The other exciting bit of news was that Lindsay Lohan was supposed to be at the Opernball, but she missed her flight to Vienna, so she didn’t make it! I can’t believe it. Everyone has been talking about her coming here, so it’s kind of unbelievable that she missed the whole thing at the last minute.  According to the gossip magazines, she was shopping in LA and didn’t make it to the airport in time! Can you imagine?

In my second week here (two weeks ago, now), I went to a ball with a work colleague. It was an unbelievable  experience–with debutantes, dancing, and lots of champagne. I’m including a picture of me and some friends in our ball gowns.This is the most dressed up I’ve been since prom, I think! I’m the blond in the bright green dress 🙂

 

My first German class!

I’m a little late starting my German class… I couldn’t attend the first two days because of work, but last night (Wednesday) I went to my first class and I’m so excited!

I’ve been in Vienna for almost exactly a month now, and I’ve had some ups and downs with adjusting to life here. Overall, Vienna is a beautiful city, full of amazing places to visit and cultural experiences I never imagined. I’ll have to write about my first ball in a later post! My biggest difficulty so far, however, has definitely been the language. From what I’ve seen, almost everyone speaks English, but it’s really hard to meet people and connect if you don’t speak German. I’ve been trying to teach myself a little, but it’s very different from other languages I’ve studied (the verb goes WHERE?) and so I haven’t had much success.

Which is why it was so great to finally go to class on Wednesday! I’m in the very first level and it is so reassuring to be surrounded by people who speak just as much (or as little) German as I do. The pace seems just about right, and I really like my teacher. I’m so excited about finally getting a chance to really learn German with help and friendship instead of struggling through it myself.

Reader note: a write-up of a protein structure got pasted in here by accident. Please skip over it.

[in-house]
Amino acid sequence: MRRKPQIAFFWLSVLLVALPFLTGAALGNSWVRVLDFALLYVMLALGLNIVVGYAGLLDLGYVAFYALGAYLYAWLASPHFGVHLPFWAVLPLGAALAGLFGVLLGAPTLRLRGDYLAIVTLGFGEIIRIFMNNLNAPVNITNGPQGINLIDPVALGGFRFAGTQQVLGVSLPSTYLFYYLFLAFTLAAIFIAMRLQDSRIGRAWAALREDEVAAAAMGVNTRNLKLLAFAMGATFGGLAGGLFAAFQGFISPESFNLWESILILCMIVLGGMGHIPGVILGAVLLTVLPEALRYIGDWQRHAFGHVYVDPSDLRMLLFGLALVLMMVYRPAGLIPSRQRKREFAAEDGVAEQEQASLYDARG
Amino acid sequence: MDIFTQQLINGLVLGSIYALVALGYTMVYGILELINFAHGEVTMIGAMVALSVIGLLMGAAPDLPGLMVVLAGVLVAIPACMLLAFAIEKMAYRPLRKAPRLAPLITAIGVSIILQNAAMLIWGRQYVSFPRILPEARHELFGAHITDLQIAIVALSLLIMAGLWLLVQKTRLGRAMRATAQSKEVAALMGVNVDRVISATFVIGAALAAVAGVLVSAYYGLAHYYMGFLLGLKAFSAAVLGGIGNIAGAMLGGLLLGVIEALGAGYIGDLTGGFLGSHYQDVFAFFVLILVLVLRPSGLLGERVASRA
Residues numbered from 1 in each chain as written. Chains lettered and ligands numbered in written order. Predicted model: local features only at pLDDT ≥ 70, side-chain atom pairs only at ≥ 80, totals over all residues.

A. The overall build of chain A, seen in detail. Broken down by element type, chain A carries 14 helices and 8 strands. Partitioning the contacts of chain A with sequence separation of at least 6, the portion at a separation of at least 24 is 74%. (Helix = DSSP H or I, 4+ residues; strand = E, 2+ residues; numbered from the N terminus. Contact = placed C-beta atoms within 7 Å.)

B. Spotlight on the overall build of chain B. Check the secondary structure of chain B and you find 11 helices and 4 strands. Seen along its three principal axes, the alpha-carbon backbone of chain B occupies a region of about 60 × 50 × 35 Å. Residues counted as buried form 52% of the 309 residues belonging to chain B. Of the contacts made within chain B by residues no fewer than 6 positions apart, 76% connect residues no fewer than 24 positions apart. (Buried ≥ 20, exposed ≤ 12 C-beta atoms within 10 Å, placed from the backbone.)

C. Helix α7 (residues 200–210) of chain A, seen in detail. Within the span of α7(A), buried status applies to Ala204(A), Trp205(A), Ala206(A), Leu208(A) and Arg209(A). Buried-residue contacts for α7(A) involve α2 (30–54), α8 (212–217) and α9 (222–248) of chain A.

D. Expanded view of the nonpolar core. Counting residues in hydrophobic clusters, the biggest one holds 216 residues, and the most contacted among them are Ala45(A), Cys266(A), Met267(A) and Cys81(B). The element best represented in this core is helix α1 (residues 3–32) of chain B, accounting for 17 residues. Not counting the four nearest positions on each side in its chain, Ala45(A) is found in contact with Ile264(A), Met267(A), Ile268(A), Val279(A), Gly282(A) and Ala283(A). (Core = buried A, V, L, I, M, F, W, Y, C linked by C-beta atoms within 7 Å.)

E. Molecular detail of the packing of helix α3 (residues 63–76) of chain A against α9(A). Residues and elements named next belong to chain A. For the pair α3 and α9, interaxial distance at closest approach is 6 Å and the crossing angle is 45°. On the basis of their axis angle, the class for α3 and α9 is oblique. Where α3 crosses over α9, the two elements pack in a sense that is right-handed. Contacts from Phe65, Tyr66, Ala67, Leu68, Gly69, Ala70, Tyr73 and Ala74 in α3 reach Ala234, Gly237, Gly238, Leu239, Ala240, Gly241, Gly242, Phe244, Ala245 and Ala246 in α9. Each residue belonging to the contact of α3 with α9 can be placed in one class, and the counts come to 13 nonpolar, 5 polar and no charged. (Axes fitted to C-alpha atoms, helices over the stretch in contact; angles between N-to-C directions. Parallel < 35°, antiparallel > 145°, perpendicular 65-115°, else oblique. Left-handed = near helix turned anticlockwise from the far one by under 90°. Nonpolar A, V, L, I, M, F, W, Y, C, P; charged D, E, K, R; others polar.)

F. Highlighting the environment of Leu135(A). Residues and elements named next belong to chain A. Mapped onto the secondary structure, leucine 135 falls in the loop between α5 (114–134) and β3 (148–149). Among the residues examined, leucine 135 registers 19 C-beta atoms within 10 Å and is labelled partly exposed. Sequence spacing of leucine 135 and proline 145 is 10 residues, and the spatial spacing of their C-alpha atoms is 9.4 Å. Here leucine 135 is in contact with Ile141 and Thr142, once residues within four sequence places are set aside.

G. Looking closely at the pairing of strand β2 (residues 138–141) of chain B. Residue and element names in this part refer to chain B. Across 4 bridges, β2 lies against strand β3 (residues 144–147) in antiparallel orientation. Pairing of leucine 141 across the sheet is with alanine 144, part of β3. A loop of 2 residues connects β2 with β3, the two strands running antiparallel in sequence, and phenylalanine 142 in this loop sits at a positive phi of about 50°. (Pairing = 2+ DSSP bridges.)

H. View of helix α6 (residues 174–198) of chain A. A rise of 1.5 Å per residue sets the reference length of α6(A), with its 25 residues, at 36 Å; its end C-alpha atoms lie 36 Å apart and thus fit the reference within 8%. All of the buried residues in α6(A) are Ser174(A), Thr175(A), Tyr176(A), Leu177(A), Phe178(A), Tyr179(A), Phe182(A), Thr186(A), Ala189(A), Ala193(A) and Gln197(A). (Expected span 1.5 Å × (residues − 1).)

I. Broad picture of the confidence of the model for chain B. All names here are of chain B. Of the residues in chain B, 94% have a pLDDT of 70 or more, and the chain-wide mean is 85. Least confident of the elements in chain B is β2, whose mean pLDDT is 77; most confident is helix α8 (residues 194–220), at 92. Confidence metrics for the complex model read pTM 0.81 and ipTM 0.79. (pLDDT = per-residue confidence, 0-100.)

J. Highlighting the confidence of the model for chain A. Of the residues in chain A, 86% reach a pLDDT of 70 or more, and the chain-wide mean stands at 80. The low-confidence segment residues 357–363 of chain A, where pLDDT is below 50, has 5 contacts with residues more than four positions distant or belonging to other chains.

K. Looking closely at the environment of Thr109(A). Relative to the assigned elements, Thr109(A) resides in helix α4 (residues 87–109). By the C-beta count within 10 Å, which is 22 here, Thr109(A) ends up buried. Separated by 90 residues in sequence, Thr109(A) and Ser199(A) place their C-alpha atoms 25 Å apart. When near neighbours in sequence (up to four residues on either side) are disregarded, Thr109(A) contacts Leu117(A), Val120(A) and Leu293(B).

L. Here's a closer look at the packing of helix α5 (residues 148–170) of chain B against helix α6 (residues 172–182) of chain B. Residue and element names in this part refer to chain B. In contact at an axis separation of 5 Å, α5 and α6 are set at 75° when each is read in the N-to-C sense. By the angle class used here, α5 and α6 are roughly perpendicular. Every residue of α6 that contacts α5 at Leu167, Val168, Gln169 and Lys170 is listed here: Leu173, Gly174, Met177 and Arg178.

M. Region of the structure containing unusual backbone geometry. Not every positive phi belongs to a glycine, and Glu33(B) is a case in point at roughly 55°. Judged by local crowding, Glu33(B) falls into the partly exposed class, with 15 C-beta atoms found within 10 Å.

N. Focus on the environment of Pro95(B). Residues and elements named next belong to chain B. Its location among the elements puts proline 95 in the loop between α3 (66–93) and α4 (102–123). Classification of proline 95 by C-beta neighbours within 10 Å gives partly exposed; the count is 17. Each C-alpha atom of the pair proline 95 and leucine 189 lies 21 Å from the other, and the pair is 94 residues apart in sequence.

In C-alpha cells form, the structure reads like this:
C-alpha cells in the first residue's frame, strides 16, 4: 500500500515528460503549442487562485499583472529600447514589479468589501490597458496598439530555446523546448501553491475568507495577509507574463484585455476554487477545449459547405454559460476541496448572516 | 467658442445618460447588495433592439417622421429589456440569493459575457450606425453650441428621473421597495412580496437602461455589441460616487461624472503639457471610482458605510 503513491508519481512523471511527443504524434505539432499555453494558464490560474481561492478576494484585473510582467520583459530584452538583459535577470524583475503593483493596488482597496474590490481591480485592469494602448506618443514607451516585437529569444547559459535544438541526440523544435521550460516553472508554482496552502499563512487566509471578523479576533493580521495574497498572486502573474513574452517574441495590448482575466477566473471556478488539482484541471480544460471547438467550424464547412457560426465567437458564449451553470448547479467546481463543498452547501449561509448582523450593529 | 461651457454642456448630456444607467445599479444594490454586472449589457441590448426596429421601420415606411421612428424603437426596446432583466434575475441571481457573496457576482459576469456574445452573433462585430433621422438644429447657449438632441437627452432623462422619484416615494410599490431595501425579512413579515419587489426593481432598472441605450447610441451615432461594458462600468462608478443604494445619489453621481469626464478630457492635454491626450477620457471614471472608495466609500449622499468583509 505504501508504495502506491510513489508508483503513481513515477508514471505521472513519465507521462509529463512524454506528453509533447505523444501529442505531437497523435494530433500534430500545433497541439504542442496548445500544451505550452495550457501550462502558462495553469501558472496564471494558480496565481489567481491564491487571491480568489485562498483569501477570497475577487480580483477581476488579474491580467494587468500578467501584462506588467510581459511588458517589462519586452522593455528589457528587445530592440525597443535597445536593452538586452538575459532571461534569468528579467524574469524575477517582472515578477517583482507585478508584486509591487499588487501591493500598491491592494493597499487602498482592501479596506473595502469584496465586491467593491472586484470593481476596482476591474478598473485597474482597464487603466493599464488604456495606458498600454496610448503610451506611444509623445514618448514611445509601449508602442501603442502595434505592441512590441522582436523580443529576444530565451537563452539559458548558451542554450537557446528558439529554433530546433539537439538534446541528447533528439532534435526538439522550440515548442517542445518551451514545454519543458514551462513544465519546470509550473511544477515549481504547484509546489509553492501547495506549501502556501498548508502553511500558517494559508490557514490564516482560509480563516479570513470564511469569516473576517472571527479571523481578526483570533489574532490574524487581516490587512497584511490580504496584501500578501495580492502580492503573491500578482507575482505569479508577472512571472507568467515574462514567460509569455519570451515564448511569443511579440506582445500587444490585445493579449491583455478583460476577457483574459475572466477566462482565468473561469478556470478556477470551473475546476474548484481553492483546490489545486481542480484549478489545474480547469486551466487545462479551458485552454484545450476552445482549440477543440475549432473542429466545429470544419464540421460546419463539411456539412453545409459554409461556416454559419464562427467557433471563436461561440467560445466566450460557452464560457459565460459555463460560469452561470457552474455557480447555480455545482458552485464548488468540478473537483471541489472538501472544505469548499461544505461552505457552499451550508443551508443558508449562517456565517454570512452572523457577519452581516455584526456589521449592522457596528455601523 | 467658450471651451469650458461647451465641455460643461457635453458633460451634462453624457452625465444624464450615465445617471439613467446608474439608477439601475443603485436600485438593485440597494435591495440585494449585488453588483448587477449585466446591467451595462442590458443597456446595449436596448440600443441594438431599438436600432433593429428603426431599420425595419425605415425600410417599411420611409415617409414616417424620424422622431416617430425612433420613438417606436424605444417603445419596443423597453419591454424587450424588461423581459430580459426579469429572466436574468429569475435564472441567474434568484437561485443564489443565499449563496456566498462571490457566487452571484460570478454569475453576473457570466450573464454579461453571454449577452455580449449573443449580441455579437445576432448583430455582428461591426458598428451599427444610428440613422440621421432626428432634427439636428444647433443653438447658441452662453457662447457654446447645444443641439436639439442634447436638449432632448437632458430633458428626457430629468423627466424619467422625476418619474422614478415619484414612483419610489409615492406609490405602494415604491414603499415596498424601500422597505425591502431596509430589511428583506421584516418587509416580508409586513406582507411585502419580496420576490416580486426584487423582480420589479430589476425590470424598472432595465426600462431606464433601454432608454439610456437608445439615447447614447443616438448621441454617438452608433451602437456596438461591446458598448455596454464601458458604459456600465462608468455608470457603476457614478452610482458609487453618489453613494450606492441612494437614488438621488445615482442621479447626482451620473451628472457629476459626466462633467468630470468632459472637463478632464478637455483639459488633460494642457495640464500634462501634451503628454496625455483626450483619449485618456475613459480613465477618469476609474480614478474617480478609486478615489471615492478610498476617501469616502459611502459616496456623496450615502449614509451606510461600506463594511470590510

I’ll write a little more tomorrow–I have my second class tonight and I’m sure I’ll have lots more to talk about!

Free material for German lessons

Dear students,

We are providing some great free material for you to download on https://www.deutschakademie.de/free-material-for-german-lessons.htm

Ever wanted to have a summary of the most important grammar topics in the German language? Print out the free grammar poster and hang it on your fridge, next to your desk, on the bathroom mirror, so you can remember the basic rules! If you want to have the coloured version, just drop by the DeutschAkademie office – we would be delighted to give you one!

Beside the grammar poster, you can find more interesting and free stuff on this website! Check it out!

Learn German newsletter

Dear students,

Today we sent you our newest DeutschAkademie newsletter which – as always – includes a topic concerning a typical German/Austrian tradition, a special focus on German grammar and  an extra feature.

This month, we are describing the most famous dishes of the “Hausmannskost” (plain fare). Have you ever wondered what a Wiener Schnitzel, Sauerkraut or an Eisbein really is? Check it out in the newsletter, you might be surprised!

 

 

Furthermore, we covered the Akkusativ. We are giving you examples and explaining the basic rules – when do you use Akkusativ?

The special feature this month was a crossword puzzle – did you really get the vocabulary of the most famous dishes in Germany and Austria down? Give it a try and see if you can solve the puzzle!

 

If you have not registered for the DeutschAkademie newsletter yet, you can do so by registering here: learn German newsletter